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EFF: The TPP’s Temporary Copies Provision

Last week we shared how the latest leak of Trans-Pacific Partnership (TPP) text had shown differing opinions regarding intellectual property rights. Now, we're looking back to an earlier leak that addresses this particular chapter and how it could affect our Internet access. The intellectual property chapter describes how under the TPP, copyright laws could be extended to cover temporary copies – which are often made during routine computing functions. These strict provisions could lead to situations where your computer is monitored, content is restricted and viewing licenses are required. Help put an end to the copyright wrongs of the TPP and join the over 100,000 pro-Internet supporters who have signed our petition at Article by Maira Sutton for EFF (The Electronic Frontier Foundation) We've been following the Trans-Pacific Partnership (TPP) and the huge ramifications it would have for the future of the open Internet, access to knowledge, and innovation. Based on what we know from its leaked intellectual property chapter (IP chapter), it carries many of the restrictive copyright provisions that already exist in U.S. law. From what we have seen, however, this agreement is even more extreme: it does not export the many balances and exceptions that favor the public interest and act as safety valves in limiting rightsholders’ protection.

One of the most problematic aspects of the TPP’s IP chapter TPP as leaked is its proposed language regulating temporary copies. As currently drafted, the related provision creates chilling effects not just on how we behave online, but on the basic ability for people and companies to use and create on the Web.

Article 4.1 of the leaked TPP’s IP chapter on Copyright and Related Rights addresses temporary copies. It states:
Each Party shall provide that authors, performers, and producers of phonograms have the right to authorize or prohibit all reproductions of their works, performances, and phonograms, in any manner or form, permanent or temporary (including temporary storage in electronic form).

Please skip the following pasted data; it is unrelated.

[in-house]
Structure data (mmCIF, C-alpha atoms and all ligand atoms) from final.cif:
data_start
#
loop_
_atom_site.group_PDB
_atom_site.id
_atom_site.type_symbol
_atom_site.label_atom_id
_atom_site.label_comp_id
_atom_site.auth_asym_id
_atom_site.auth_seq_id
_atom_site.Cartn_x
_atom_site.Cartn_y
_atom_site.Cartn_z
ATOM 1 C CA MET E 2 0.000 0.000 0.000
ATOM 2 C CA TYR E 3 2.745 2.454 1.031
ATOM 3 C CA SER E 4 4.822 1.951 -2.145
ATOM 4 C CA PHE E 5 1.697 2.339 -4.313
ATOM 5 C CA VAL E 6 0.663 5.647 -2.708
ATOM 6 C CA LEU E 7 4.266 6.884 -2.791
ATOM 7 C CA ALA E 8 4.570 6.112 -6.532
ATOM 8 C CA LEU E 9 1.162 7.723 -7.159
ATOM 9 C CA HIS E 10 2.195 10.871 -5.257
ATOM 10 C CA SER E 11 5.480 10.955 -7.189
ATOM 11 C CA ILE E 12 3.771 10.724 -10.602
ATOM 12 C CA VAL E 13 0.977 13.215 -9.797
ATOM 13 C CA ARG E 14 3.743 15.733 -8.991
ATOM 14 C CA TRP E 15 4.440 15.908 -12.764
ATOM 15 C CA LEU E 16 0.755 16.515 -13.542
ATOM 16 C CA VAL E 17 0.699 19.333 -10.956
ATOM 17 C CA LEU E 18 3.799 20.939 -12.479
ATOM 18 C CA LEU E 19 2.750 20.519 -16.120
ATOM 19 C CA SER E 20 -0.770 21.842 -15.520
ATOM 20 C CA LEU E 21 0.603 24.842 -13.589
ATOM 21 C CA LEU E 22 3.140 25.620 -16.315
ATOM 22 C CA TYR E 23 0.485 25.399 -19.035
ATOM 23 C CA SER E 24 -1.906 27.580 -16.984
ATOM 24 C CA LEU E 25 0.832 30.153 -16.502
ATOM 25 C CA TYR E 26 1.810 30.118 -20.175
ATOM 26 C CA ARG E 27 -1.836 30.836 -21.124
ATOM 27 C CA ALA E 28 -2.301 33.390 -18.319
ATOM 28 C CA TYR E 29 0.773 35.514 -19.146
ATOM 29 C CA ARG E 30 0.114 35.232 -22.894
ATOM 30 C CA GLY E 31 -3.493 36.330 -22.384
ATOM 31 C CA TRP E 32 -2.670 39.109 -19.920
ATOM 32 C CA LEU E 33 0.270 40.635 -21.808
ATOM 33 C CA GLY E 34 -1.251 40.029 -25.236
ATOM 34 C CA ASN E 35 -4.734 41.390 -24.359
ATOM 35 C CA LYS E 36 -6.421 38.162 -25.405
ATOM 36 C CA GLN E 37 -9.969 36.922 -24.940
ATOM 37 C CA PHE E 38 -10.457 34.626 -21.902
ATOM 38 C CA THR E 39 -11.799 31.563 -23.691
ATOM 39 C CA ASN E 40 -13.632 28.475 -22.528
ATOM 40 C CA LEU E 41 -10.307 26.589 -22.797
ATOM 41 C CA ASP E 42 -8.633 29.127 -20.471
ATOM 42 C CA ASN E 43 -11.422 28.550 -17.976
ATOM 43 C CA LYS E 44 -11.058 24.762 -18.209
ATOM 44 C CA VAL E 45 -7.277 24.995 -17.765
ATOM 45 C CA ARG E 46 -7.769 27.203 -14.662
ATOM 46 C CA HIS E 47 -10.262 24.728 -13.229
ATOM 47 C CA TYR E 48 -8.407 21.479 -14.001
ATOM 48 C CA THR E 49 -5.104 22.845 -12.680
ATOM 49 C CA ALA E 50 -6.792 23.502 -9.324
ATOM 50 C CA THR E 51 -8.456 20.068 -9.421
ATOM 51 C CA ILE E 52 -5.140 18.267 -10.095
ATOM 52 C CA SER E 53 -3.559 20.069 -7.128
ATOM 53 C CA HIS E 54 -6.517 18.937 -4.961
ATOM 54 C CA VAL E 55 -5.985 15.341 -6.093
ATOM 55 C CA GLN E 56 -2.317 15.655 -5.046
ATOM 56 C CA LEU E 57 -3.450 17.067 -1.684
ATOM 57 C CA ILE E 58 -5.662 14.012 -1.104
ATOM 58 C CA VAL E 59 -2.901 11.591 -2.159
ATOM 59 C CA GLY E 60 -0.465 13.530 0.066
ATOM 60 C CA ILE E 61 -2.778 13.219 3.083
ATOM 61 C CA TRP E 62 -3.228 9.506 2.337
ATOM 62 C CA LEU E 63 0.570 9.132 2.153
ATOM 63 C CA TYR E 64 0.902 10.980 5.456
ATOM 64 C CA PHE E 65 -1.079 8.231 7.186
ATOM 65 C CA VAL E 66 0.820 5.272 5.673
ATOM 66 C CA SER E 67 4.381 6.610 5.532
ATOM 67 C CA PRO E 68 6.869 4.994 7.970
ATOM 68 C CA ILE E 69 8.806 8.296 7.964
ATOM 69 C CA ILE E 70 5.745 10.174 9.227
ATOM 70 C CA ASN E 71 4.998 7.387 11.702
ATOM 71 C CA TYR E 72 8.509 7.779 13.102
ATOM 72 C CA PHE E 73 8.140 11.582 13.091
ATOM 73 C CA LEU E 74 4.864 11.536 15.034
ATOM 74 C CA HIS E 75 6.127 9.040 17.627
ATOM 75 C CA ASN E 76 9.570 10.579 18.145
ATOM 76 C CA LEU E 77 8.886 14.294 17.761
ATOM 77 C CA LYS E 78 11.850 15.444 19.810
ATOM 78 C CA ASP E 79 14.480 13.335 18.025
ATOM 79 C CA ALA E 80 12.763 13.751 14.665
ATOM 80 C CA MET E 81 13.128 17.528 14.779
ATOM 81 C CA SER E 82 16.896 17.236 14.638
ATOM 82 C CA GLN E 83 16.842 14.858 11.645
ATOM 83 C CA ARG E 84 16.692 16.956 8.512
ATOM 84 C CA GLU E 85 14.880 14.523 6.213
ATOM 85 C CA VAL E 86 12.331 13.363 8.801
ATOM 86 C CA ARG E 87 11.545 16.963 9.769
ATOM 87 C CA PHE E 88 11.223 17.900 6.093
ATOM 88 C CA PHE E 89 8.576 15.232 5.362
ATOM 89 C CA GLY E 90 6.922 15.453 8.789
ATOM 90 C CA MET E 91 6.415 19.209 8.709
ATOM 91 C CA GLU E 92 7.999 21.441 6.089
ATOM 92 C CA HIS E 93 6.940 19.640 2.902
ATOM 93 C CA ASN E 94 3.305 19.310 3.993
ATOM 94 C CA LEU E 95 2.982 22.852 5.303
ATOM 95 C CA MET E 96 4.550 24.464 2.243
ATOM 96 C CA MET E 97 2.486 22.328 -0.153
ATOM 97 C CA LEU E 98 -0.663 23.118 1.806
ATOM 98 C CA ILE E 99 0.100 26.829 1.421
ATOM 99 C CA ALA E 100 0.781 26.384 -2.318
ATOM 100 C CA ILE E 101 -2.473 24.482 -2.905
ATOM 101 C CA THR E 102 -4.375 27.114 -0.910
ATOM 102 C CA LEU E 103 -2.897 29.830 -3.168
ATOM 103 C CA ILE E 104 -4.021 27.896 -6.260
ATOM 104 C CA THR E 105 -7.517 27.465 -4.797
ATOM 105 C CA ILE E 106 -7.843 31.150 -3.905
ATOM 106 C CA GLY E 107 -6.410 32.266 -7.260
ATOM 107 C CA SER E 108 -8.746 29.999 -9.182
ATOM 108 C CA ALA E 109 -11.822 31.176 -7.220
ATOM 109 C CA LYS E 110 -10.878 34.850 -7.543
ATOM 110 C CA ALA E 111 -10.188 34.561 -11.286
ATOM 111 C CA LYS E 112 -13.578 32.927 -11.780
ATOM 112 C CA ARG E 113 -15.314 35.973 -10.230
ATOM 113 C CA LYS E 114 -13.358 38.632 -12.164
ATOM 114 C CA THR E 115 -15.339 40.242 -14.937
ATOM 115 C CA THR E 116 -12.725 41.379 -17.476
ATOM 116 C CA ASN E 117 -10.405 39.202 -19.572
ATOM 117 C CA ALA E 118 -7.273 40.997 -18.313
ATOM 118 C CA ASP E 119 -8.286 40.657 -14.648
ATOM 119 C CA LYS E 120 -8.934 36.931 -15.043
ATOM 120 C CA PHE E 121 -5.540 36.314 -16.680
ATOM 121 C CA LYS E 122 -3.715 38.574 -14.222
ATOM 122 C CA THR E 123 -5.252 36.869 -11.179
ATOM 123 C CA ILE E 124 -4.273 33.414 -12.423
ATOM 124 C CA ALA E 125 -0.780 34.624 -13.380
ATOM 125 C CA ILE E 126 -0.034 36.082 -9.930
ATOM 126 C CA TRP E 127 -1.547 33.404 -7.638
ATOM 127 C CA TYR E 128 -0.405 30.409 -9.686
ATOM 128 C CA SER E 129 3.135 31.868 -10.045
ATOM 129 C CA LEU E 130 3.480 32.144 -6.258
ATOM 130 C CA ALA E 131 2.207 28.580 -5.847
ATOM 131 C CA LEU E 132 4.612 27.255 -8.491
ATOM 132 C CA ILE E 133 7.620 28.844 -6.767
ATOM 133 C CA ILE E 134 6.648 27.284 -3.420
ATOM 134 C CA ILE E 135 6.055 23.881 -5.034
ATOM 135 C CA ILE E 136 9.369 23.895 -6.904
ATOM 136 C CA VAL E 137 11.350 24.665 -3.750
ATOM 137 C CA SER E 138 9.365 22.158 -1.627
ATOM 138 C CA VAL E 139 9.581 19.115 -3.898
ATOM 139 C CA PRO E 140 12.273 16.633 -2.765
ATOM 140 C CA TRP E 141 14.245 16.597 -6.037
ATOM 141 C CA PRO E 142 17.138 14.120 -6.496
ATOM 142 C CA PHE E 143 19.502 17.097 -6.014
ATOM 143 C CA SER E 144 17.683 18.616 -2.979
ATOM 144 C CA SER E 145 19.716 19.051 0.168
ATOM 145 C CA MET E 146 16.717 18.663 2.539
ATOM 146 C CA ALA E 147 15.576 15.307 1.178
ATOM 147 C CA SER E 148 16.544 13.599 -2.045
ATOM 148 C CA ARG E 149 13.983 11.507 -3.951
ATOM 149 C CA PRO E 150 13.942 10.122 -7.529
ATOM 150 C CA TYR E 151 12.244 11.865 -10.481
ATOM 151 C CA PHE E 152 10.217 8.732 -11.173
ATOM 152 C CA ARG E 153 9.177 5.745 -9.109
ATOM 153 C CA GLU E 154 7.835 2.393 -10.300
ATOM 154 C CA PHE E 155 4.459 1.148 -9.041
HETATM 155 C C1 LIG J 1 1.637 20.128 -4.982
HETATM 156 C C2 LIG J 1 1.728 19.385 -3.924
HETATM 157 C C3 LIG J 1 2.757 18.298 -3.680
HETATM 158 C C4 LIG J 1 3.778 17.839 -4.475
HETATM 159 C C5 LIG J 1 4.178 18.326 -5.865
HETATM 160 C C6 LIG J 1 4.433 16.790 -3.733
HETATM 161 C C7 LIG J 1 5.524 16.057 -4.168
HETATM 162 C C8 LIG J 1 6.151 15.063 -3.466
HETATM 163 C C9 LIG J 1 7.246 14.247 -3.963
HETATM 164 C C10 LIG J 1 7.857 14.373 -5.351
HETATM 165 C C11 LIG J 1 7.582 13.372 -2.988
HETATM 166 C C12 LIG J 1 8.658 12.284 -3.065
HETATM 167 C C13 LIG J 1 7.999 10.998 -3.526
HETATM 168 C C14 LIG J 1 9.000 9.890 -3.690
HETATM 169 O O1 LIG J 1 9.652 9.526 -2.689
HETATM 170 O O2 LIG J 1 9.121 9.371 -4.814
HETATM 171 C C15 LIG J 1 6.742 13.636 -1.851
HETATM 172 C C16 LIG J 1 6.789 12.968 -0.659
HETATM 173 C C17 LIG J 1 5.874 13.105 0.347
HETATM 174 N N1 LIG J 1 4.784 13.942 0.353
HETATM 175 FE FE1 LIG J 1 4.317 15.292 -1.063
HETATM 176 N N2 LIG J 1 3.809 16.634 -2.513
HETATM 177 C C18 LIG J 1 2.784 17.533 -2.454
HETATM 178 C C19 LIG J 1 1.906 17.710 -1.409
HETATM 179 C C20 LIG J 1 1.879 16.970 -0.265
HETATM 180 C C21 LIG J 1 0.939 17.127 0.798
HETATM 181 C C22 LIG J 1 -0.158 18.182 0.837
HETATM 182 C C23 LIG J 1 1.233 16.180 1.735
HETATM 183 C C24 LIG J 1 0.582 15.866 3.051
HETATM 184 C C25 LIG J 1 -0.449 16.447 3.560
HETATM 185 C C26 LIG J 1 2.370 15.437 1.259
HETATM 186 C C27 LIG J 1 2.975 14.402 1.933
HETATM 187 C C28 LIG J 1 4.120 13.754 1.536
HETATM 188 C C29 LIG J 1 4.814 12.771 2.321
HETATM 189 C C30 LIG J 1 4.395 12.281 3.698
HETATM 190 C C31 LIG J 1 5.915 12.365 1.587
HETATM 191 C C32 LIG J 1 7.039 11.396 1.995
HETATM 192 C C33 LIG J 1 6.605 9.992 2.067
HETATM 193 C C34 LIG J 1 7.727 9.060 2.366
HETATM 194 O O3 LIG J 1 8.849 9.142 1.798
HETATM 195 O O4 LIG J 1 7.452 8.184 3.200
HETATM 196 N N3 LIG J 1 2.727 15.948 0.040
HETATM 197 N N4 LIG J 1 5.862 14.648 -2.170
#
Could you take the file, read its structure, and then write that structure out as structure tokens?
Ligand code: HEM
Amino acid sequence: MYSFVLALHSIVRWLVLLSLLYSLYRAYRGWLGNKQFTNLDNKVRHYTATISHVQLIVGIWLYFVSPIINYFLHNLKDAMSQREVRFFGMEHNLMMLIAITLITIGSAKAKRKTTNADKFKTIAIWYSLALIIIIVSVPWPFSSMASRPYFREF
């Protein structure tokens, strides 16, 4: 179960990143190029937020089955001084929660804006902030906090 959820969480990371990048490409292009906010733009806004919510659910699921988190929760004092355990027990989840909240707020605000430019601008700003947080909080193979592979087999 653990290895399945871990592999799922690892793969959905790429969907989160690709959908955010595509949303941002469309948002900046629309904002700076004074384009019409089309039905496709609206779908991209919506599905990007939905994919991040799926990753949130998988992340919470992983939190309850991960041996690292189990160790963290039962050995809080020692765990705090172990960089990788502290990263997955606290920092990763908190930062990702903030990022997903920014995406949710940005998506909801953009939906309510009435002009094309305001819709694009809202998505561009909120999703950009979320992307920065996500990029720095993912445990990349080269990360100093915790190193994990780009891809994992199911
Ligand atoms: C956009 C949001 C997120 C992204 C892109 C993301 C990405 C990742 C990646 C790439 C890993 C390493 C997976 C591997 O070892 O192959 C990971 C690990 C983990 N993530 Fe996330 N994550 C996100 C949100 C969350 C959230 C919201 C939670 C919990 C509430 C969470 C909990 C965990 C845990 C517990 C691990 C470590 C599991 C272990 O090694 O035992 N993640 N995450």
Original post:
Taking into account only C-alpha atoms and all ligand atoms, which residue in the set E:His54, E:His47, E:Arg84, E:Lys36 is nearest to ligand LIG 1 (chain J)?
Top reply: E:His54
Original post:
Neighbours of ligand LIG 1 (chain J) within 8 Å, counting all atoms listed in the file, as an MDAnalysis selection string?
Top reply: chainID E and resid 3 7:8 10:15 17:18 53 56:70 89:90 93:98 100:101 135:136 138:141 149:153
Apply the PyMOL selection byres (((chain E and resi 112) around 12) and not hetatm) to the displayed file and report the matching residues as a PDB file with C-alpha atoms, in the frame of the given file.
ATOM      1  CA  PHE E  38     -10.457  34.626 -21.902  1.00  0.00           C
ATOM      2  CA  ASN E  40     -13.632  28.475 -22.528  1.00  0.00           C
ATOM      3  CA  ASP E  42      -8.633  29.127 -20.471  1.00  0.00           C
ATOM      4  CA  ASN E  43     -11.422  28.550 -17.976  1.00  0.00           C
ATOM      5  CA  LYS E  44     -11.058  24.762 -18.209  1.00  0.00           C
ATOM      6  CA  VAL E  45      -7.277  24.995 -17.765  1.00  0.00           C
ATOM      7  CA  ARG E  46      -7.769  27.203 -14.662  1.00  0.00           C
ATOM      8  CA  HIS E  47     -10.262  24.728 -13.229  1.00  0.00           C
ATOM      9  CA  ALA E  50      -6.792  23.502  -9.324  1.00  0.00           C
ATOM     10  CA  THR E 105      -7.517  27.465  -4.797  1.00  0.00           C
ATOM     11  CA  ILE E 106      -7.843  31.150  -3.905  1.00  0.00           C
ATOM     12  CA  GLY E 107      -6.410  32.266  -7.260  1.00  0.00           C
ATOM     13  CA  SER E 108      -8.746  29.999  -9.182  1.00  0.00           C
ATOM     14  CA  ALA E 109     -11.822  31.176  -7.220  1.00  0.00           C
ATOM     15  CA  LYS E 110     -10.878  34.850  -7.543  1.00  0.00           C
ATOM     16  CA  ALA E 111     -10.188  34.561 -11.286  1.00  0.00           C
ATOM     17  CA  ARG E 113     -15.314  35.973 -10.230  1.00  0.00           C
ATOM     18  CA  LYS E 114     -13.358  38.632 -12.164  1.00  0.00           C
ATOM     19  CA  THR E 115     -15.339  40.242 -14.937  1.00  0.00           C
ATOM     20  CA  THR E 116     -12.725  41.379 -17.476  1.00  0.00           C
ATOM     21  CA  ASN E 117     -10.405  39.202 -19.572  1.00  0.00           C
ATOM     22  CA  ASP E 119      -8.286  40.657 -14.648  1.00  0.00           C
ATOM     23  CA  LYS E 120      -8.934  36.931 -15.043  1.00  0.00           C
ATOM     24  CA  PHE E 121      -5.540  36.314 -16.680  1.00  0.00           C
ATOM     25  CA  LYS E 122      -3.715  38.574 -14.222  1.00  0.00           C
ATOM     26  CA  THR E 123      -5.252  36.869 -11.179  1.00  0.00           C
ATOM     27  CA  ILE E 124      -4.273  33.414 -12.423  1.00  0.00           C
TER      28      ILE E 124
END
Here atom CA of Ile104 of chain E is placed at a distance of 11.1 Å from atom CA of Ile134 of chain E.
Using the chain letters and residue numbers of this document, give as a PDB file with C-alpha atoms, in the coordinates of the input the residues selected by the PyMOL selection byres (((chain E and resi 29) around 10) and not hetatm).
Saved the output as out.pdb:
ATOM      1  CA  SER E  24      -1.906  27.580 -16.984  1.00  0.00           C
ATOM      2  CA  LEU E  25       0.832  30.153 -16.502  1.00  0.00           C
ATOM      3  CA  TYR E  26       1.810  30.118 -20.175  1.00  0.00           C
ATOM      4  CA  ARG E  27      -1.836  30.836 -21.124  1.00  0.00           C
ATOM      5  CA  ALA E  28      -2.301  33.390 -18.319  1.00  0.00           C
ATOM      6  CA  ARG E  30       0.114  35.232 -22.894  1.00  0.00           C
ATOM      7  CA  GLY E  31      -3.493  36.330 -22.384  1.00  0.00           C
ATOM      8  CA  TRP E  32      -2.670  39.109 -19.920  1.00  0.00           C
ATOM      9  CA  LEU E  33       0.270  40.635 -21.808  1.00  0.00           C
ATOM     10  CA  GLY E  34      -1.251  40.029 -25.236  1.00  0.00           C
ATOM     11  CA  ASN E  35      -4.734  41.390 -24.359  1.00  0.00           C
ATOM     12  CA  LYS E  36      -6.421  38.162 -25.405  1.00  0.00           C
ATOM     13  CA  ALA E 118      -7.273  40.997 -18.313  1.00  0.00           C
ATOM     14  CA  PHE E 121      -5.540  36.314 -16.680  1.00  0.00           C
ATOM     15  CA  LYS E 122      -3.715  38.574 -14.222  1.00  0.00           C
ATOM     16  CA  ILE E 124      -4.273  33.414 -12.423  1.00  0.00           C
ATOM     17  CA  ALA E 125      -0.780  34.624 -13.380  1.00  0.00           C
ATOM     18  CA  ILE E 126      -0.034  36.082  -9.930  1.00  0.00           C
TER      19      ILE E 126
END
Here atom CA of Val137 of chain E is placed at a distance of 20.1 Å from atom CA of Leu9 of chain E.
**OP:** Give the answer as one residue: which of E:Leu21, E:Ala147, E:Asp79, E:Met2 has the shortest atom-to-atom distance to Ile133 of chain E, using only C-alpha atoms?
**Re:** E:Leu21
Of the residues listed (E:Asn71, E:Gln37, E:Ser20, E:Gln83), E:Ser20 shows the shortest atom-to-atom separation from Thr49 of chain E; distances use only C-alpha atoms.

This language reveals a profound disconnect with the reality of the modern computer. In fact, all routine computer functions rely upon the regular creation of temporary copies of programs and files. Temporary copies are files that are automatically copied by computers into their random access memory (“RAM”) during the course of routine operations. “Temporary copying” of data, for example, is fundamental to how computing works in general. However, this is especially true on the Internet: browser cache files are stored on servers to speed up the loading of websites, and copies of visited pages are stored in a temporary Internet files folder on your hard drive, speeding up the loading process for those websites the next time you visit them.

Since it’s technically necessary to download a temporary version of everything we see—whether it’s content that is copyrighted, openly licensed, or in the public domain—does that mean that anyone who ever views content on their device could potentially be found guilty of infringement? Yes, that is, if the rightsholder decides to prohibit it. In this way, it can also deeply impact the cost of accessing copyrighted materials since it creates a new intricate layer of rights.

Additionally, it also raises a concern about how this provision could affect privacy. The reason being that in order to monitor all of these temporary copies made onto people’s drives, all existing hardware and software would have to be fundamentally transformed to effectively monitor all transient copies of files. Moreover, it would require licenses for every single copyrighted file that passes through a device. Read more »

Read more at A Fair Deal

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